Another nine historic sites added to UN World Heritage List

27 June 2011

Nine historic sites in Africa, Europe, the Middle East and Asia have been added to the World Heritage List, the United Nations Educational, Scientific and Cultural Organization (UNESCO) announced today.

UNESCO said the newest entrants are: the ancient villages of northern Syria; the cultural sites of Al Ain in the United Arab Emirates; the Persian Garden in Iran, the cultural landscape of the Serra de Tramuntana in Spain; the pile dwellings in the European Alps; Selimiye Mosque in Turkey; the Konso cultural landscape in Ethiopia; Fort Jesus in Kenya; and the citadel of the Ho Dynasty in Viet Nam.

A total of 35 nominated sites are being reviewed by the World Heritage Committee, which is holding its 35th session at UNESCO’s headquarters in Paris, to determine whether they should be added to the World Heritage List.

In a press statement UNESCO said the 40 ancient villages of northern Syria provide testimony to rural life in late antiquity and during the Byzantine period.

The United Arab Emirates’ cultural sites of Al Ain constitute a serial property that testifies to sedentary human occupation of a desert region since the neolithic period with vestiges of many prehistoric cultures, including circular stone tombs from about 2500 BC.

The Persian Garden includes nine gardens in as many provinces of Iran. They exemplify the diversity of Persian garden designs that adapted to different climate conditions while retaining principles that have their roots in the times of Cyrus the Great in the 6th century BC.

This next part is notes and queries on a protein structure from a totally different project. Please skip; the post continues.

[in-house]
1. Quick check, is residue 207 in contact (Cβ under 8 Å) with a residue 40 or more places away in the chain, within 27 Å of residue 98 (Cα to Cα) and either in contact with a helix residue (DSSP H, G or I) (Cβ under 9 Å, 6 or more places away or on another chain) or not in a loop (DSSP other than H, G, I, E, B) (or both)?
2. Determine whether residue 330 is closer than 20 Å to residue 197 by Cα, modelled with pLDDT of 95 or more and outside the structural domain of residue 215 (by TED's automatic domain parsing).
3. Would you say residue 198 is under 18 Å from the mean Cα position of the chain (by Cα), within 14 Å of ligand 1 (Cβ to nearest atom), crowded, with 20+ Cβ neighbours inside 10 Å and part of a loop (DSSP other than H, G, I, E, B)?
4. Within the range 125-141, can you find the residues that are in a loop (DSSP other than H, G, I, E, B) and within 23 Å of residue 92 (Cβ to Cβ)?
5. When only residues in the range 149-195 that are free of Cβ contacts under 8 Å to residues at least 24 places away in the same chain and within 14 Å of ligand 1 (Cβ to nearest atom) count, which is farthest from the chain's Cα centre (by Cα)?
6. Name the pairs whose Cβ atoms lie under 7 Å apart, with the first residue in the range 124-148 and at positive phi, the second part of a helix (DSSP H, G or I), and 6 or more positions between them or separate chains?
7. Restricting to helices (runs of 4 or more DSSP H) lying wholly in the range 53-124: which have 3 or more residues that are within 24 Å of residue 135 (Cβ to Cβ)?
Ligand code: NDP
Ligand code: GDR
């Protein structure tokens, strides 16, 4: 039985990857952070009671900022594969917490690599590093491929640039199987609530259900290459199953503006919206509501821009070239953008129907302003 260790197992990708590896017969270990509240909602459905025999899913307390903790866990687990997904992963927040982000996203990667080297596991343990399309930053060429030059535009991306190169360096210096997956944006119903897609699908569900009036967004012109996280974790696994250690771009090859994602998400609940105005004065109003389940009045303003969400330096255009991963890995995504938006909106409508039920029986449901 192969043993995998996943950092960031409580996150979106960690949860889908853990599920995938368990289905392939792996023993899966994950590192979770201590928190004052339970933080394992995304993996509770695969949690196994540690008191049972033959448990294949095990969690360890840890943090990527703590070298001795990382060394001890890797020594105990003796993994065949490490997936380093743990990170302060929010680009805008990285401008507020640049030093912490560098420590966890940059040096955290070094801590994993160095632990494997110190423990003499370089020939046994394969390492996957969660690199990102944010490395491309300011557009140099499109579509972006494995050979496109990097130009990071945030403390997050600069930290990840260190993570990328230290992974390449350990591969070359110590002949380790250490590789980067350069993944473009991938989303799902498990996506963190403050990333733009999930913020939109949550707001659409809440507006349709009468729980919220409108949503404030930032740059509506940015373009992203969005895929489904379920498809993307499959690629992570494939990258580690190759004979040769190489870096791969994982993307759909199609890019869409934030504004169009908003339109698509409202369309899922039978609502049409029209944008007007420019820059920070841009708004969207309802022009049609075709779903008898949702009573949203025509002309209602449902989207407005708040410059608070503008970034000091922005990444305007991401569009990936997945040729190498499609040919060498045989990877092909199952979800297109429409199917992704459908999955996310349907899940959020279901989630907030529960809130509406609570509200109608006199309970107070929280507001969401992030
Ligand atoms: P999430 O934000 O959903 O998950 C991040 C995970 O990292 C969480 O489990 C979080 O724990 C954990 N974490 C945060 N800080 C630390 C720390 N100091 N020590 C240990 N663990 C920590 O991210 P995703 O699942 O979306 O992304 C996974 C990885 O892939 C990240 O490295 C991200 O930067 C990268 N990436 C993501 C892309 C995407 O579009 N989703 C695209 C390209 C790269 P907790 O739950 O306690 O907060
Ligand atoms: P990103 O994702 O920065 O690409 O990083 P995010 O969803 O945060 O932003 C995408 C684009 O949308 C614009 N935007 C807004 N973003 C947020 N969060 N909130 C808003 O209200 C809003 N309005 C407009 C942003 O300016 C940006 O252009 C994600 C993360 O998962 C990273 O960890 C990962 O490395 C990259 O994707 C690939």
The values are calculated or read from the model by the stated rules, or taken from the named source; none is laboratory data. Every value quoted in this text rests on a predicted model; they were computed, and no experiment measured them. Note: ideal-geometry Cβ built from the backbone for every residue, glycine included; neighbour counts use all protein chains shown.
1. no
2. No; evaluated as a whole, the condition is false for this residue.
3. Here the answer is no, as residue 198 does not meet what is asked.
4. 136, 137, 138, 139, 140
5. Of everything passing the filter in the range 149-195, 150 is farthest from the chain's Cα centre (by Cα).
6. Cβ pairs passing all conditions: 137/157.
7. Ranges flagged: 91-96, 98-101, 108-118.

In the cultural landscape of Serra de Tramuntana, on the Spanish island of Mallorca, millennia of agriculture in an environment with scarce resources has transformed the terrain and displays an articulated network of devices for the management of water.

The pile dwellings which are spread through the Alps in Switzerland, Austria, France, Germany, Italy and Slovenia encompass the remains of prehistoric pile-dwelling (or stilt house) settlements built from around 5000 BC to 500 BC on the edges of lakes, rivers or wetlands.

The 16th-century Selimiye Mosque, which dominates the skyline of the former Ottoman capital of Edirne, is considered to be the most harmonious example of Ottoman architecture of the time.

The Konso cultural landscape is comprised of 55 square kilometres of arid stone-walled terraces and fortified settlements that is an example of a living cultural tradition stretching back more than 400 years.

Fort Jesus, built by the Portuguese in 1593, is a well preserved example of 16th century Portuguese military fortification and a landmark in the history of this type of construction.

The 14th-century Ho Dynasty citadel, built according to feng shui principles, testifies to the flowering of neo-Confucianism in late 14th century Viet Nam and its spread to other parts of East Asia.

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